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NewsSri Lanka- National HR Action Plan 2016-2021: Inclusive nature and integrity of the process questioned

Sri Lanka- National HR Action Plan 2016-2021: Inclusive nature and integrity of the process questioned

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Image: A woman belonging to the Sri Lankan minority Tamil ethnic group lights a candle for people (c) Getty Image.

According to a media statement issued by 12 civil society personal, Sri Lanka government has  stopped consulting the civil society  at the final stages of preparing National Human Rights Action Plan 2017-2021.

A group of well known civil activists had been invited by the government to assist in the drafting of the National Human Rights Action Plan 2017-2021 (NHRAP) from the beginning.  Ms Kumudini Samuel ( Women and Media Collective)  Mr S.C.Chandrahasan, Ms Bhavani Fonseka (Centre for Policy Alternatives)  Mr Joe William, Former CIDA excetive)  Dr Jehan Perera ( National Peace council)  Mr Mirak Raheem ( former researcher, Centre for Policy Alternatives) were among them. They have worked with Cabinet mandated Inter-Ministerial Committee on Human Rights.

In their  joint statement 12 civil society members associated  in drafting the National Human Right Action Plan says that the draft  submitted to the cabinet was a  result of a process of active engagement, with contributions by key government and civil society representatives working on the identified thematic areas.

The statement further says that the fact that the finalising of the NHRAP is going ahead without the drafting committees being aware and consulted on the changes raises serious questions as to the inclusive nature and integrity of this process.”

Now that draft has been changed without any consultation with the civil society group. The group says that they are yet to see the revisions made to the draft prepared by the consultative process.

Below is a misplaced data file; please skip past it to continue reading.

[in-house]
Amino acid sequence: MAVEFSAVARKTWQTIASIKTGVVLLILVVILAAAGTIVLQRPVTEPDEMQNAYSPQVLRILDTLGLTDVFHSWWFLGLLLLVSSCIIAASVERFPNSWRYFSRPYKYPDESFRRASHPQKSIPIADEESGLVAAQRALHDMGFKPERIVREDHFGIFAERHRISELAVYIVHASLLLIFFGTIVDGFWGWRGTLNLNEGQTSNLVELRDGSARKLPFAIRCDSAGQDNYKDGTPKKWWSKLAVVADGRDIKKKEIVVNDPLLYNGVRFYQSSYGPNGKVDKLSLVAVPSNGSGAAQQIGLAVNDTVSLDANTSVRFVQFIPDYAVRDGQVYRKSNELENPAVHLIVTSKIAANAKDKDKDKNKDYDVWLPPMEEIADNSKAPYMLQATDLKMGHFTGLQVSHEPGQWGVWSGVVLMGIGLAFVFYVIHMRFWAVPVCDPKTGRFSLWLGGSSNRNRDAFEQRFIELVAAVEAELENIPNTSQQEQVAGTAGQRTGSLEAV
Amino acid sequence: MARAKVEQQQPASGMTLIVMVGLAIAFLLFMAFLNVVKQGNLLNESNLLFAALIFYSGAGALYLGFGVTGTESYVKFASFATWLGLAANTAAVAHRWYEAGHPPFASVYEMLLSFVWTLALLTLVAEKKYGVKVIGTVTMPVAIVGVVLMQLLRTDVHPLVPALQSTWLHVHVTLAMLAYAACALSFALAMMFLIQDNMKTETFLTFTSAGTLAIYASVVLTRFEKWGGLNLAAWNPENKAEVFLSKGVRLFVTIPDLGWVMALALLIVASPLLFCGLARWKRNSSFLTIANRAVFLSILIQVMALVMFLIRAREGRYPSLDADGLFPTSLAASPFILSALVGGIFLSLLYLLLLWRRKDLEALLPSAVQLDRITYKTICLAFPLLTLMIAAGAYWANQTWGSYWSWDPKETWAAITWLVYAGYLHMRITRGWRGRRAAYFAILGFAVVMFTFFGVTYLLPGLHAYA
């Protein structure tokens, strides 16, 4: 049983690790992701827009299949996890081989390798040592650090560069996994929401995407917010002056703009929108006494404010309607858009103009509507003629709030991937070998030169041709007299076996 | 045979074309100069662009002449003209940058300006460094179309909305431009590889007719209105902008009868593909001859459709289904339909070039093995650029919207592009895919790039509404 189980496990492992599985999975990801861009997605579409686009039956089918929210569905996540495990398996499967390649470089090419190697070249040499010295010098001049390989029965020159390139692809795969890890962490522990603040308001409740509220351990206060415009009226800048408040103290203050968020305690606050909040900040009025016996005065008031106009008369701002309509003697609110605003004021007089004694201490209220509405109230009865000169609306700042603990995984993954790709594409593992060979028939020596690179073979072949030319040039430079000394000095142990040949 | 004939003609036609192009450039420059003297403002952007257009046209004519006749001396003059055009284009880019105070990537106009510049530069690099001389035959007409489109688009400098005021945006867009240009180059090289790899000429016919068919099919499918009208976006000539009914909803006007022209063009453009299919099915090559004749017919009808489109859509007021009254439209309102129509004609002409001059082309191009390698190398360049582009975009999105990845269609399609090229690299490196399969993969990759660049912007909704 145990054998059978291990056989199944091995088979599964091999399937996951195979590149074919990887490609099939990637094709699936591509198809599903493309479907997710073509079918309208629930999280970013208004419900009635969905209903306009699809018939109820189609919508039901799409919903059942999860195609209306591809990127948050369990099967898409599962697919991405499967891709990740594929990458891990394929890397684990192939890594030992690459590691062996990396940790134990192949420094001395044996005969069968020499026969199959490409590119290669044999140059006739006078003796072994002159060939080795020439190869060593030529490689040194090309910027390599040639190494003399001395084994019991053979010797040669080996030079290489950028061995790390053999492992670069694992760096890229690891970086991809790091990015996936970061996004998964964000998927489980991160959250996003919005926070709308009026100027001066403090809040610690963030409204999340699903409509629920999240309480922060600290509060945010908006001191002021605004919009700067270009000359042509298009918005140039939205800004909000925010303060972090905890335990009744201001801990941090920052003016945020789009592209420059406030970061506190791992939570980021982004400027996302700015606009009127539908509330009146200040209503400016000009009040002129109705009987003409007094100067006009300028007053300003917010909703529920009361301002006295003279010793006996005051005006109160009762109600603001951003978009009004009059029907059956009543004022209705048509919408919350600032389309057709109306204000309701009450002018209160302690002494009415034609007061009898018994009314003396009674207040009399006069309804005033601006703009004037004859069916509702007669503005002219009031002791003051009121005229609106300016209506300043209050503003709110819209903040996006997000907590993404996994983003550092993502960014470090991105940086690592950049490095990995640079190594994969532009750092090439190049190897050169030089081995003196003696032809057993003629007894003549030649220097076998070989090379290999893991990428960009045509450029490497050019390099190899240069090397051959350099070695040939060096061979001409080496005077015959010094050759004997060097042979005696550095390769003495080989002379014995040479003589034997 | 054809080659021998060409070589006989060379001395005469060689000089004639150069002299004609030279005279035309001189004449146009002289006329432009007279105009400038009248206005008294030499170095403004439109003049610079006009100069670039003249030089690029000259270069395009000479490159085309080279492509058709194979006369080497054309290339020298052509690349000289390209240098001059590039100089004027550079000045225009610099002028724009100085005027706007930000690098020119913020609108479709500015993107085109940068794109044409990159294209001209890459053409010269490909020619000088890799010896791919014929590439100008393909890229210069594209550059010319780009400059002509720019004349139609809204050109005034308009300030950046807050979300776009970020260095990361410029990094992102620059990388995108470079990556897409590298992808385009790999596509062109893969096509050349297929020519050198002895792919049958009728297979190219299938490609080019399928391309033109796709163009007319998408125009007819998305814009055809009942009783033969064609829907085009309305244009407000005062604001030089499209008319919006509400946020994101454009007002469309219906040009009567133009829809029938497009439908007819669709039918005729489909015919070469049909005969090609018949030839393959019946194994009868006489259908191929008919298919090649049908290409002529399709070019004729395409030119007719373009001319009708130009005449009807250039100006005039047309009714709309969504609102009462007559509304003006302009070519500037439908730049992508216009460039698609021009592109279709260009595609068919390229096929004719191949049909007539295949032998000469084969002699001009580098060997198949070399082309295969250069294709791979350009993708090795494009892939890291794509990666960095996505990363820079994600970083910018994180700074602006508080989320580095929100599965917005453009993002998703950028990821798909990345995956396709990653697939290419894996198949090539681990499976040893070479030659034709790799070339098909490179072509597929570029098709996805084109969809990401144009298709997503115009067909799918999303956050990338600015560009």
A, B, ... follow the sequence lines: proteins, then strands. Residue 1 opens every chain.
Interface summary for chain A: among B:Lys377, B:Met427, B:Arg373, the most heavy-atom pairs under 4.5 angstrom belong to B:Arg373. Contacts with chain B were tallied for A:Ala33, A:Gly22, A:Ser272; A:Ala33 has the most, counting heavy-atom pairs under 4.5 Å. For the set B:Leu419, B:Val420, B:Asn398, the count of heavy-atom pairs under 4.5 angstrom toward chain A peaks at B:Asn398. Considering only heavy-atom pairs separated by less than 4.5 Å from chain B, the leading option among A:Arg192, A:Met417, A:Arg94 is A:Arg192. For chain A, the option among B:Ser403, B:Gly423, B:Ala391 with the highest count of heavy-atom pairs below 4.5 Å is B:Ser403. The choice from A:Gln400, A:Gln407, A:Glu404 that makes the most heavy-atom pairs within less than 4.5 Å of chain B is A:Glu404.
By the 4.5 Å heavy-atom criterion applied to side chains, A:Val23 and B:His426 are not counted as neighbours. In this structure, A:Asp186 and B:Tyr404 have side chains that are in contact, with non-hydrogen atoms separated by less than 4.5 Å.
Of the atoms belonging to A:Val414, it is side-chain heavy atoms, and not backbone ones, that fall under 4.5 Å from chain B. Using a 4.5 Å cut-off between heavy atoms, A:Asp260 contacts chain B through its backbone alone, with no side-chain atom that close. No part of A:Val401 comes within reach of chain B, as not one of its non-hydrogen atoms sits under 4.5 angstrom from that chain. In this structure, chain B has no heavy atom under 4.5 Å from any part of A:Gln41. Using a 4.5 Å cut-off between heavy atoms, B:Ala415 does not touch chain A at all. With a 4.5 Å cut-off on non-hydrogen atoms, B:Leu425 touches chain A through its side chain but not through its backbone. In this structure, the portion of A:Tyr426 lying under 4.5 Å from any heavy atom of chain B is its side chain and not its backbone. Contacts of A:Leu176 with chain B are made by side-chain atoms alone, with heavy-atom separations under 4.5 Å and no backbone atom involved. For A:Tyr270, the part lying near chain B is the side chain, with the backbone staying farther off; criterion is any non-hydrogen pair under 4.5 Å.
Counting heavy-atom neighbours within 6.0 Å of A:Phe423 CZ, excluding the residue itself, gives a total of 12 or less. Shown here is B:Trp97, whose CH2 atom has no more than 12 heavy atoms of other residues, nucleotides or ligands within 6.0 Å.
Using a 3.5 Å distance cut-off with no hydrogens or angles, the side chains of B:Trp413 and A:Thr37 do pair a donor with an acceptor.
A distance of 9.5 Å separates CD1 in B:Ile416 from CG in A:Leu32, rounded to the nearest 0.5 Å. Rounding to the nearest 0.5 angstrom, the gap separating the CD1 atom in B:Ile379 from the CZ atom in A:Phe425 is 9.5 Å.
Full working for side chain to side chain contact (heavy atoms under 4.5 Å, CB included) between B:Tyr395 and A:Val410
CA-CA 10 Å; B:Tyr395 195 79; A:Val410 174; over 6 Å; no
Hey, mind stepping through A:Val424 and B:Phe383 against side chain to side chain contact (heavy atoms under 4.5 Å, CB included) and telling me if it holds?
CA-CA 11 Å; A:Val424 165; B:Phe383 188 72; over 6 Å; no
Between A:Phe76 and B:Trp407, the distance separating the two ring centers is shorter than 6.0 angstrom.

The statement notes two revisions reportedly made at the cabinet level and says  that “this action seriously undermines the overall purpose of the plan, and the process.” Those revisions are related to de-criminalising adult consensual same sex activity and decriminalising  sex work.

The group calls on the government to:

  •  Immediately release the version of the plan that was sent to the Cabinet and there visions made by Cabinet to individuals who accepted its invitation and were engaged in the drafting of the NHRAP. If media reports are accurate that the above provisions have been excluded, take corrective steps to ensure that those provisions are re-introduced.
  •  Establish a mechanism for monitoring the implementation of the NHRAP which includes civil society and Human Rights Commission participation, alongside the respective Ministries and state authorities to ensure the process Has more oversight and greater public participation. The mechanism should be able to review progress at regular Intervals that allows for correction action.

Full text of the statement follows:

Statement by Members of civil society associated in drafting the National Human Right Action Plan

We the under signed individuals from civil society who were invited to assist in the drafting of the National Human Rights Action Plan 2017-2021 (NHRAP) voice our opposition to the alleged removal of specific issues from the NHRAP.

We were part of a consultative drafting process that was led by a Cabinet mandated Inter-Ministerial Committee on Human Rights appointed to prepare the NHRAP for the years 2017-2021.

The Inter Ministerial Committee established a Steering Committee that was composed of senior officials from relevant Ministries and heads of Institutions to assist in the formulation of the NHRAP and to ensure its effective implementation.

The Steering Committee approved ten thematic areas and appointed Drafting Committees consisting of experts drawn from relevant Government agencies and civil society organisations and academia.

It also appointed two Co-ordinating Committees representing respectively the Government (Chaired by the Ministry of Foreign Affairs) and Civil Society (Chaired by the Head of the Centre for the Study of Human Rights) to advice and review progress of the drafting process of international standards ,domestic law and local circumstances and to approve the draft NHRAP by identifying objectives, strategies, components, priorities, vulnerable groups, programmes and activities, monitoring & evaluation within clear time frames.